Ag News

China imposing tariffs on U.S. ag products

On July 6, the United States and China began assessing tariffs on imports from each other, according to published reports. The U.S. started collecting duties on a range of industrial machinery and other manufactured items imported from China. China placed tariffs on imports of a variety of agricultural products from the U.S.

According to published reports, among the Georgia-grown agricultural products targeted by China’s tariffs are meat (including beef, pork and chicken), fruit (apples, peaches and blueberries), grains (wheat, corn, soybeans), pecans and cotton. A more extensive list can be viewed at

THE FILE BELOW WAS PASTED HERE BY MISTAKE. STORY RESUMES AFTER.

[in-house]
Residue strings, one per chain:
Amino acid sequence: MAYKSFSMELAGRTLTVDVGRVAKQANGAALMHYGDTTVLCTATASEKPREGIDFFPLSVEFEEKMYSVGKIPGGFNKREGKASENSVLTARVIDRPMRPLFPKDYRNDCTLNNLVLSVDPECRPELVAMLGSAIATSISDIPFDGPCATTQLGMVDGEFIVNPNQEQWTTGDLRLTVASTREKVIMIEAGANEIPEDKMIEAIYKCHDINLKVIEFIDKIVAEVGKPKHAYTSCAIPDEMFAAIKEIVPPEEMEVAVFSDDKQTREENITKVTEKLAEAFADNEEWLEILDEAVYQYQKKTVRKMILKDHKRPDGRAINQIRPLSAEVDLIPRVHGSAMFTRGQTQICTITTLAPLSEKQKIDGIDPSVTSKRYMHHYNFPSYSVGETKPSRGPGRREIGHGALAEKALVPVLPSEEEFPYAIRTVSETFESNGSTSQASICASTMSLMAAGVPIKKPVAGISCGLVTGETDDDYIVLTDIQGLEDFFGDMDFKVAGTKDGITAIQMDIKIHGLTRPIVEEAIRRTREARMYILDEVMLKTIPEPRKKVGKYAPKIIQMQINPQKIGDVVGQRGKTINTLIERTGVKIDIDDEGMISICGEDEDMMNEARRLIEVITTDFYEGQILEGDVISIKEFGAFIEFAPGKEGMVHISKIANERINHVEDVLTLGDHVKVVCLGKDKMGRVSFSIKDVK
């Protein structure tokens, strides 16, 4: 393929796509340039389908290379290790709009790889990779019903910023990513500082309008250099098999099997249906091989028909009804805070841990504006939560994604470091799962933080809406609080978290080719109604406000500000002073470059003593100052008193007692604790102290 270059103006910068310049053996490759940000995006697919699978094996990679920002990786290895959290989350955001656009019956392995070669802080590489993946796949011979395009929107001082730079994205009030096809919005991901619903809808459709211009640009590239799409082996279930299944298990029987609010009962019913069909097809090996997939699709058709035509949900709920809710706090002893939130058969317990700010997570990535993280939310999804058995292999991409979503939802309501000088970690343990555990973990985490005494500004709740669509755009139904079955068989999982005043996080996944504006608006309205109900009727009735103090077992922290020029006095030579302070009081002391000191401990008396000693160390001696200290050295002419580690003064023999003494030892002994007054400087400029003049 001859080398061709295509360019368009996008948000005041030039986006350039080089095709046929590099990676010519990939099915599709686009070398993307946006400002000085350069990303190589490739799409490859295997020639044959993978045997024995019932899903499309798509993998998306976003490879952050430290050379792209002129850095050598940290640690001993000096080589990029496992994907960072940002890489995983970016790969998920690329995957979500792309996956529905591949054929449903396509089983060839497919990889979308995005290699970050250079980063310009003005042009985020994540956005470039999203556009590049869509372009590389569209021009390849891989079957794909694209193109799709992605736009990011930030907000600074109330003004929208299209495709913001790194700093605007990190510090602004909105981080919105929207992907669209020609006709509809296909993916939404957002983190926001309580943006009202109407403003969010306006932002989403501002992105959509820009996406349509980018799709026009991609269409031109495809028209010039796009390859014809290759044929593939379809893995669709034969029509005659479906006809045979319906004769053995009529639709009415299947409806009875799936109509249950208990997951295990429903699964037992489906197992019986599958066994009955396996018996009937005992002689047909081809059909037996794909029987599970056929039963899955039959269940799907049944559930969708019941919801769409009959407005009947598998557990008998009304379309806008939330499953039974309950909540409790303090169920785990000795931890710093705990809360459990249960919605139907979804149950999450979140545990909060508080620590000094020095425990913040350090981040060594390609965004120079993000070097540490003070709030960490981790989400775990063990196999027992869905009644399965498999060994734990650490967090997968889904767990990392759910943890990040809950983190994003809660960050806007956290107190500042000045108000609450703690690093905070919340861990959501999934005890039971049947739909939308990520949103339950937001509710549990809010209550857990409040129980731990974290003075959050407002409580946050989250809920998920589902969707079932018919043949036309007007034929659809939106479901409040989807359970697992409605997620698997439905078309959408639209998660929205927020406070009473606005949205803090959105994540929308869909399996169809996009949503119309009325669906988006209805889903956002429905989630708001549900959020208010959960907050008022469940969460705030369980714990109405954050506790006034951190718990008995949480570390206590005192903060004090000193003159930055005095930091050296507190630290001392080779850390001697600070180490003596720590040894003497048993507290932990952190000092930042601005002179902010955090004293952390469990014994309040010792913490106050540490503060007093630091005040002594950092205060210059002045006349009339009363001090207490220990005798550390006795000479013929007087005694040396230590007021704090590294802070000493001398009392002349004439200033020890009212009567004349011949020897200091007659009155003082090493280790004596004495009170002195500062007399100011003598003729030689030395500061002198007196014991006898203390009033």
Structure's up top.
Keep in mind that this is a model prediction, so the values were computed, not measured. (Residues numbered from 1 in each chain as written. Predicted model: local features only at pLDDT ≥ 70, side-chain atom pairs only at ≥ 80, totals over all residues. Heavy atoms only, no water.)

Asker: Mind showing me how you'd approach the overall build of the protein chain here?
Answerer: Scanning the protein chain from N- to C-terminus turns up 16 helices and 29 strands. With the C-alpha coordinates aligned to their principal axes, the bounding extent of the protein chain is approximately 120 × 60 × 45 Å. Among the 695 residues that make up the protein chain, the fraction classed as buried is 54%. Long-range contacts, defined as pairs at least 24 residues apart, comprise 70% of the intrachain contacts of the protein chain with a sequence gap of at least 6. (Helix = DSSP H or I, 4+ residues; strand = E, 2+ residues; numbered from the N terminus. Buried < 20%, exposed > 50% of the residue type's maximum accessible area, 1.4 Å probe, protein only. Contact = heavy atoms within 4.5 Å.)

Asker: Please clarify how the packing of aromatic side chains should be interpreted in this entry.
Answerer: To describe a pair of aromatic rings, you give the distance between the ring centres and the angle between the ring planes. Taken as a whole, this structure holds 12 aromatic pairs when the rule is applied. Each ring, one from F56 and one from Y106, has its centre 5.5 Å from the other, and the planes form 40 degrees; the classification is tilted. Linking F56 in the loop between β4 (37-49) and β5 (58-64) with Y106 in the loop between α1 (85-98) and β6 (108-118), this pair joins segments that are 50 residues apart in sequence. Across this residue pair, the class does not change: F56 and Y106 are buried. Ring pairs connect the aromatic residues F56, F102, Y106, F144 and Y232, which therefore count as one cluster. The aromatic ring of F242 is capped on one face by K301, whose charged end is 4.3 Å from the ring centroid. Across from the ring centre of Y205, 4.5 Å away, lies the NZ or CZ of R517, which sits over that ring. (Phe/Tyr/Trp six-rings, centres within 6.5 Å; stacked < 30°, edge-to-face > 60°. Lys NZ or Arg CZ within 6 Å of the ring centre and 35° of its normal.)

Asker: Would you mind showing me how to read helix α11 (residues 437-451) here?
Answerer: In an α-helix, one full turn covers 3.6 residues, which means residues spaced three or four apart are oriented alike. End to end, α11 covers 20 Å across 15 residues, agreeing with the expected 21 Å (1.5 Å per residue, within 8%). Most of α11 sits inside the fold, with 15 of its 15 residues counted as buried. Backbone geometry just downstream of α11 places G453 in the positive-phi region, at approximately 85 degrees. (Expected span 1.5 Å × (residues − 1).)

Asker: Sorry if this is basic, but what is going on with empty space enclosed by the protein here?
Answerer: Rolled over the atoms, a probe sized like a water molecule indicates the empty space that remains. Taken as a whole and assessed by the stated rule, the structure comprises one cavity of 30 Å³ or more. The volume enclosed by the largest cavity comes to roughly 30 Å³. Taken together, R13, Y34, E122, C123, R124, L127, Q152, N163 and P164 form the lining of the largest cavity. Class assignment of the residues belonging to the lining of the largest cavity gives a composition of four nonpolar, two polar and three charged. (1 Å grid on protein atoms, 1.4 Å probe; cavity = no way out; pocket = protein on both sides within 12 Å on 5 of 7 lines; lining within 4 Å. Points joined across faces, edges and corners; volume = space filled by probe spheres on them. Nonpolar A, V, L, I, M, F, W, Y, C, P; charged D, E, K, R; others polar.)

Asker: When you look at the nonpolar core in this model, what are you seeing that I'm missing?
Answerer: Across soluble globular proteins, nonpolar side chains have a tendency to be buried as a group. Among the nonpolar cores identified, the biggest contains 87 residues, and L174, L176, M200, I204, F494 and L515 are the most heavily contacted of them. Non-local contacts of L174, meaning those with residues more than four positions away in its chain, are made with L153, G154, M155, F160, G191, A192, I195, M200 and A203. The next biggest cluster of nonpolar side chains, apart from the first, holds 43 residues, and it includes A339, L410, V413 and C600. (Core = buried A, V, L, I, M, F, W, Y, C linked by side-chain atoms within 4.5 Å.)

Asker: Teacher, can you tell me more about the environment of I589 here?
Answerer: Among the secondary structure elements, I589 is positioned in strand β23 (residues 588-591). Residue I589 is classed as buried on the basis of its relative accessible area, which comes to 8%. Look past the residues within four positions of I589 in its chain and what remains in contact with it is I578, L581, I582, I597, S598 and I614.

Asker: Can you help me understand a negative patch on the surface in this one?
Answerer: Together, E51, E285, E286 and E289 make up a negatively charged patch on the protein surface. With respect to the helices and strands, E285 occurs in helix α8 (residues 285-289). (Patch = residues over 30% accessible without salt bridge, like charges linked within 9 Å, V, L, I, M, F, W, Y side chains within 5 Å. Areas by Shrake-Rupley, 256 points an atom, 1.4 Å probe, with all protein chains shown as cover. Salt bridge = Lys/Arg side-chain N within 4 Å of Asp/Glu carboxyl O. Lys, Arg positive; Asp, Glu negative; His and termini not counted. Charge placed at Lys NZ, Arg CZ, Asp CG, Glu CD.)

Soybean growers could be hit especially hard by the imposition of duties on their Chinese customers.

“Soybeans are the top agriculture export for the United States, and China is the top market for purchasing those exports,” said American Soybean Association (ASA) President John Heisdorffer. “The math is simple. You tax soybean exports at 25-percent, and you have serious damage to U.S. farmers.”

According to the ASA, the value of U.S. soybean exports to China has grown 26-fold in 10 years, from $414 million in 1996 to $14 billion in 2017. Since talk of the tariffs began back in March, U.S. soy prices have dropped more than $2.00 per bushel.